You have repeatedly expressed hope that the current elections would focus on issues that matter to people the most rather than on contesting the legitimacy of the process. But how realistic is your hope? At a press conference on 28 June, you said that the United States will fund the U.S. National Democratic Institute and International Republican Institute to observe forthcoming elections in Georgia. The major opposition political player, Bidzina Ivanishvili, does not trust those organizations, calling them [newly appointed Prime Minister] “Vano Merabishvili’s pet organizations.” Just recently, the largest opposition coalition, Georgian Dream, addressed the U.S. Government [requesting that] these organizations not be allowed to conduct polls. How do you imagine a healthy process under such circumstances?
I think it still is very possible. I think it depends on the extent to which, again, parties choose over the next three and a half month or so to focus on the issues that matter to voters and the extent to which they can present their proposals of how they would address these issues and the extent to which the election is in part a debate about what government has done or not done in addressing the issues that matter to voters.
Every electoral system can be modified and tweaked and improved. And, you know, we are still constantly working on our own electoral system.
We would have liked to have seen more changes in the Electoral Code than ultimately resulted, but, generally speaking, we think this Electoral Code is an improvement over the past in terms of providing opportunities for people to compete.
I think – notwithstanding some specific instances in which people may have legitimate concerns about individual incidents curbing their ability to organize or to be present in their communities, or wherever it is, without fear or being intimidated by law enforcement or an activist from another party, any of those kinds of things – there are going to be those incidents probably, hopefully not very many. But, notwithstanding that, I think it is important that those pieces be kept in perspective in the context of the overall environment and that the election be about the issues and the differences between the parties, as opposed to an election and a referendum on the system itself.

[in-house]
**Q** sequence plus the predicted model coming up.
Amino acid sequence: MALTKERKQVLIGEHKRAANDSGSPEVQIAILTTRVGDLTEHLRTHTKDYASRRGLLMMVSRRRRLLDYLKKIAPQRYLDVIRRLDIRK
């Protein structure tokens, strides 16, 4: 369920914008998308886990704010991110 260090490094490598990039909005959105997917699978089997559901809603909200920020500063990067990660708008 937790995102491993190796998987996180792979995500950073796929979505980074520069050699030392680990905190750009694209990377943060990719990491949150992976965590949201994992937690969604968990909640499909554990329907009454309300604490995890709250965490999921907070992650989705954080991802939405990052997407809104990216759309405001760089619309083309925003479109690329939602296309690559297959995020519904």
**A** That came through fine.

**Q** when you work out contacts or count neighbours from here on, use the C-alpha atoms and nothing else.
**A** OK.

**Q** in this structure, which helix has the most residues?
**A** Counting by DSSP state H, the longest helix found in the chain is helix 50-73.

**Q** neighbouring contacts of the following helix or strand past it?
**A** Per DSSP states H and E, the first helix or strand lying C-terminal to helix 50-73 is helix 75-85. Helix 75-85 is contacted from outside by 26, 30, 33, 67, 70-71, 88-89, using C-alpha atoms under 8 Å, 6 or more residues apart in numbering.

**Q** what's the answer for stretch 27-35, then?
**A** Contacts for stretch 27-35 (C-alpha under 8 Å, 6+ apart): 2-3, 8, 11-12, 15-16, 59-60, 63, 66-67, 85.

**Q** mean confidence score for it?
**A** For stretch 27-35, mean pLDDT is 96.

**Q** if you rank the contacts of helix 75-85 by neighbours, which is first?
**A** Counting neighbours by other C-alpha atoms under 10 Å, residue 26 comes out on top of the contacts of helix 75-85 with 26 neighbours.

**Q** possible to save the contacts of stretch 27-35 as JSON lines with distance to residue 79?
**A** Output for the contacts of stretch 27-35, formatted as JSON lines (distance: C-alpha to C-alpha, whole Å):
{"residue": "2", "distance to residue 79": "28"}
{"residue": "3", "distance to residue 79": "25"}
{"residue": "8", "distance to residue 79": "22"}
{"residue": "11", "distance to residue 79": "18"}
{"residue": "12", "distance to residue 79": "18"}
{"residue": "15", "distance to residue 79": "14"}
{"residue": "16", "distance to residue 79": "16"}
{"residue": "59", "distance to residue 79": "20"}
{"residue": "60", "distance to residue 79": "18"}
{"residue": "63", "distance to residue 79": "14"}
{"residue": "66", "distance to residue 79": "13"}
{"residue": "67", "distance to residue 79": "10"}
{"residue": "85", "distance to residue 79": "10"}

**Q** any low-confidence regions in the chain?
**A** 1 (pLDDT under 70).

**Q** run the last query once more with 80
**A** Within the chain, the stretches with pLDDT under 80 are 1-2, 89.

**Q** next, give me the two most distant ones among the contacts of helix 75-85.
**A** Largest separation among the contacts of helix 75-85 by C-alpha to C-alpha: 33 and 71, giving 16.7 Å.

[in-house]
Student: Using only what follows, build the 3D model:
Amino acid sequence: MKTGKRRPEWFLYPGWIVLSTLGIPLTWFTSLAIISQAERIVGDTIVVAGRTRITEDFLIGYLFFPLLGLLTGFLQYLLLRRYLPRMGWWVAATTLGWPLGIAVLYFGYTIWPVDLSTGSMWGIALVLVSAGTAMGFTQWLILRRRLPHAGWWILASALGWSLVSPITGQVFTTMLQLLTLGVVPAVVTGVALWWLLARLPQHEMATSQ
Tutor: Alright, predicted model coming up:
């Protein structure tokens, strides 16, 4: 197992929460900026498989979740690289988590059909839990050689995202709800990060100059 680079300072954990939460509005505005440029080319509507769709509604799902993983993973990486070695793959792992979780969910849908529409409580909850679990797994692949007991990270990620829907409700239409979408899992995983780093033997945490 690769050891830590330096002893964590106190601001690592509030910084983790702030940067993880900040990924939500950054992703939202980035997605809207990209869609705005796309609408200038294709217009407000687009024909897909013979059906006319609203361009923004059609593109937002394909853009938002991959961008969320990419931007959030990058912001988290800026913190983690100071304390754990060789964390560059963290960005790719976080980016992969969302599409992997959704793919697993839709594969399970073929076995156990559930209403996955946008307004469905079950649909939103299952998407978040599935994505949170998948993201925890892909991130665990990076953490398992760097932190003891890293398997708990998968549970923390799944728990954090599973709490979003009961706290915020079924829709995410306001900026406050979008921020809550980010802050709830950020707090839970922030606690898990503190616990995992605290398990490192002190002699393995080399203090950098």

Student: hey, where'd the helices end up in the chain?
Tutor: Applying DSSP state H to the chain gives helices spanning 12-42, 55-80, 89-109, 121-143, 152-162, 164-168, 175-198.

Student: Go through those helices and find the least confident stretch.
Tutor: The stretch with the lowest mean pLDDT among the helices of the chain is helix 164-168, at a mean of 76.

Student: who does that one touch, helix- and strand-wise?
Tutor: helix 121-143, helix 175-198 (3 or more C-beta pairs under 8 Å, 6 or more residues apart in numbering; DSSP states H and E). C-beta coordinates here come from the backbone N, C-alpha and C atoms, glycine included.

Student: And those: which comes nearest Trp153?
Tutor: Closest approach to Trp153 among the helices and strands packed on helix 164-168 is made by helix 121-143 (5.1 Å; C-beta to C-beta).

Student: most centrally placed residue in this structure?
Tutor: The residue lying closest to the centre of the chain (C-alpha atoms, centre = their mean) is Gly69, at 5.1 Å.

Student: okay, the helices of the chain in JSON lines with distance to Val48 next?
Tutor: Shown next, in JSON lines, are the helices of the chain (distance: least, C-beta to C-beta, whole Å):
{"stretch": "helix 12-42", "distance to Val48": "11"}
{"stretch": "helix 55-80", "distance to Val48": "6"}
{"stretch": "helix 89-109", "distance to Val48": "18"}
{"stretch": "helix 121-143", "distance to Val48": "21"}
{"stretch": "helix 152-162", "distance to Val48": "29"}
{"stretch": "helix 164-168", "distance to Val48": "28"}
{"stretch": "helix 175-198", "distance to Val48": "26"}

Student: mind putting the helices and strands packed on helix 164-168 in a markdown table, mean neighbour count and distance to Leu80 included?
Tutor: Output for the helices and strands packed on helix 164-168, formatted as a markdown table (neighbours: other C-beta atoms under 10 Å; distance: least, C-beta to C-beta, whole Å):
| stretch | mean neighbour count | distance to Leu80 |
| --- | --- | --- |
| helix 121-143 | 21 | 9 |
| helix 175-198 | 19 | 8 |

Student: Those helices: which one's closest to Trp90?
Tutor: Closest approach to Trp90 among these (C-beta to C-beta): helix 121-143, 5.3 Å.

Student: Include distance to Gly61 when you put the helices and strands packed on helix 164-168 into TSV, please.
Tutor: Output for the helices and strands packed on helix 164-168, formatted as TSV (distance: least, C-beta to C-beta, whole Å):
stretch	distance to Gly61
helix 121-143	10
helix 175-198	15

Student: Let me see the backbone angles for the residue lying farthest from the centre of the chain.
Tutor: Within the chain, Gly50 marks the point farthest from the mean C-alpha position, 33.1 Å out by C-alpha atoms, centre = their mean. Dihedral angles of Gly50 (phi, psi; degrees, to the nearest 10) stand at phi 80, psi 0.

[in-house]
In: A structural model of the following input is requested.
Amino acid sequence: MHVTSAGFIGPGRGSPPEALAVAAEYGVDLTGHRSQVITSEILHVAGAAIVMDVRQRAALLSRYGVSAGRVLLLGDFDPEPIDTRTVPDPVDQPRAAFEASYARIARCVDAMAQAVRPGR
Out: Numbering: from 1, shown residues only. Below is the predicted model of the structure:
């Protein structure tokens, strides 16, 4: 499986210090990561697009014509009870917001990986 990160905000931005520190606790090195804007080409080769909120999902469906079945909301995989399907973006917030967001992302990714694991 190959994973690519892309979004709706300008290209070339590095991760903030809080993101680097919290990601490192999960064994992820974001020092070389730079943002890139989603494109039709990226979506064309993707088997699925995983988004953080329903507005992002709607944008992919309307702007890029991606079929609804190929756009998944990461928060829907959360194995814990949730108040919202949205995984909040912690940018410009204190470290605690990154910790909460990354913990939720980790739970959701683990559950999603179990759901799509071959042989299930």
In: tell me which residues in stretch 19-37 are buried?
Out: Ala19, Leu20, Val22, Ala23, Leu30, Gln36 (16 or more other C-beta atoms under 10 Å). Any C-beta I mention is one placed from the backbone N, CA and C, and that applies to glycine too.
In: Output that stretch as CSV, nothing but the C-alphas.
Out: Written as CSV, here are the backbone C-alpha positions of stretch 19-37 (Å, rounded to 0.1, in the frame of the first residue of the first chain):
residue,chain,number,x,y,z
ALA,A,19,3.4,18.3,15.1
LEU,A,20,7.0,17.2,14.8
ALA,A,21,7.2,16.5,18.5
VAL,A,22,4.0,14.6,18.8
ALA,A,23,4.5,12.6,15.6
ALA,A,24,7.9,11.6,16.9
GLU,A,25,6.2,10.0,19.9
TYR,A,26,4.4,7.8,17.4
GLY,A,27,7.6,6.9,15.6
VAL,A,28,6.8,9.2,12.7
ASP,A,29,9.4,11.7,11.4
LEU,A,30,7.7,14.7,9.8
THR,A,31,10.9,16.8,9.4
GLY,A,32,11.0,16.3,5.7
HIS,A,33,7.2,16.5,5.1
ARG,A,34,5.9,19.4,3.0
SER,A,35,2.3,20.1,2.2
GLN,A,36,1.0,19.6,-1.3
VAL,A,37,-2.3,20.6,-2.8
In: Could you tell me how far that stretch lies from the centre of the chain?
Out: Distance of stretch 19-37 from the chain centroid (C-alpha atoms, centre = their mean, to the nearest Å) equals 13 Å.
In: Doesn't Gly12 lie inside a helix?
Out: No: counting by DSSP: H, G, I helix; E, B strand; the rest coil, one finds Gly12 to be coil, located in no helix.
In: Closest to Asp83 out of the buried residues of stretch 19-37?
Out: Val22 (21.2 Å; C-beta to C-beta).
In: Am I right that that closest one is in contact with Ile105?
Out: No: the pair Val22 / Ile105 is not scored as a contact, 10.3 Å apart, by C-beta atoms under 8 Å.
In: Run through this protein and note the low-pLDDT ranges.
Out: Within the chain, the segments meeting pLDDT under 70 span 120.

What are the most, not necessarily positive, but most remarkable memories of your Georgian mission?
Well, it is probably too early to ask me that because I am still absorbing and thinking about my time here. For me, these experiences, this career I have, ultimately always comes back to people. And so, the most salient memories for me are the many people I have met and interacted with, starting from the President, but equally the people I meet in places like Ushguli, Khaishi and some other small villages in Svaneti as I am out hiking, or – I think, most importantly – the students I meet when I go to schools and see the civic education clubs where kids are interested in trying to make a difference in their own communities and learning the tools and skills of how they can do that.
These young people give me a lot of optimism about this country’s future because I think, as I mentioned in another part of my remarks to the Atlantic Council, I really do think a mental revolution is taking place in this country and I think it is a really important foundation for its future success.
This article first appeared in Tabula Georgian Issue # 108, published 9 July 2012.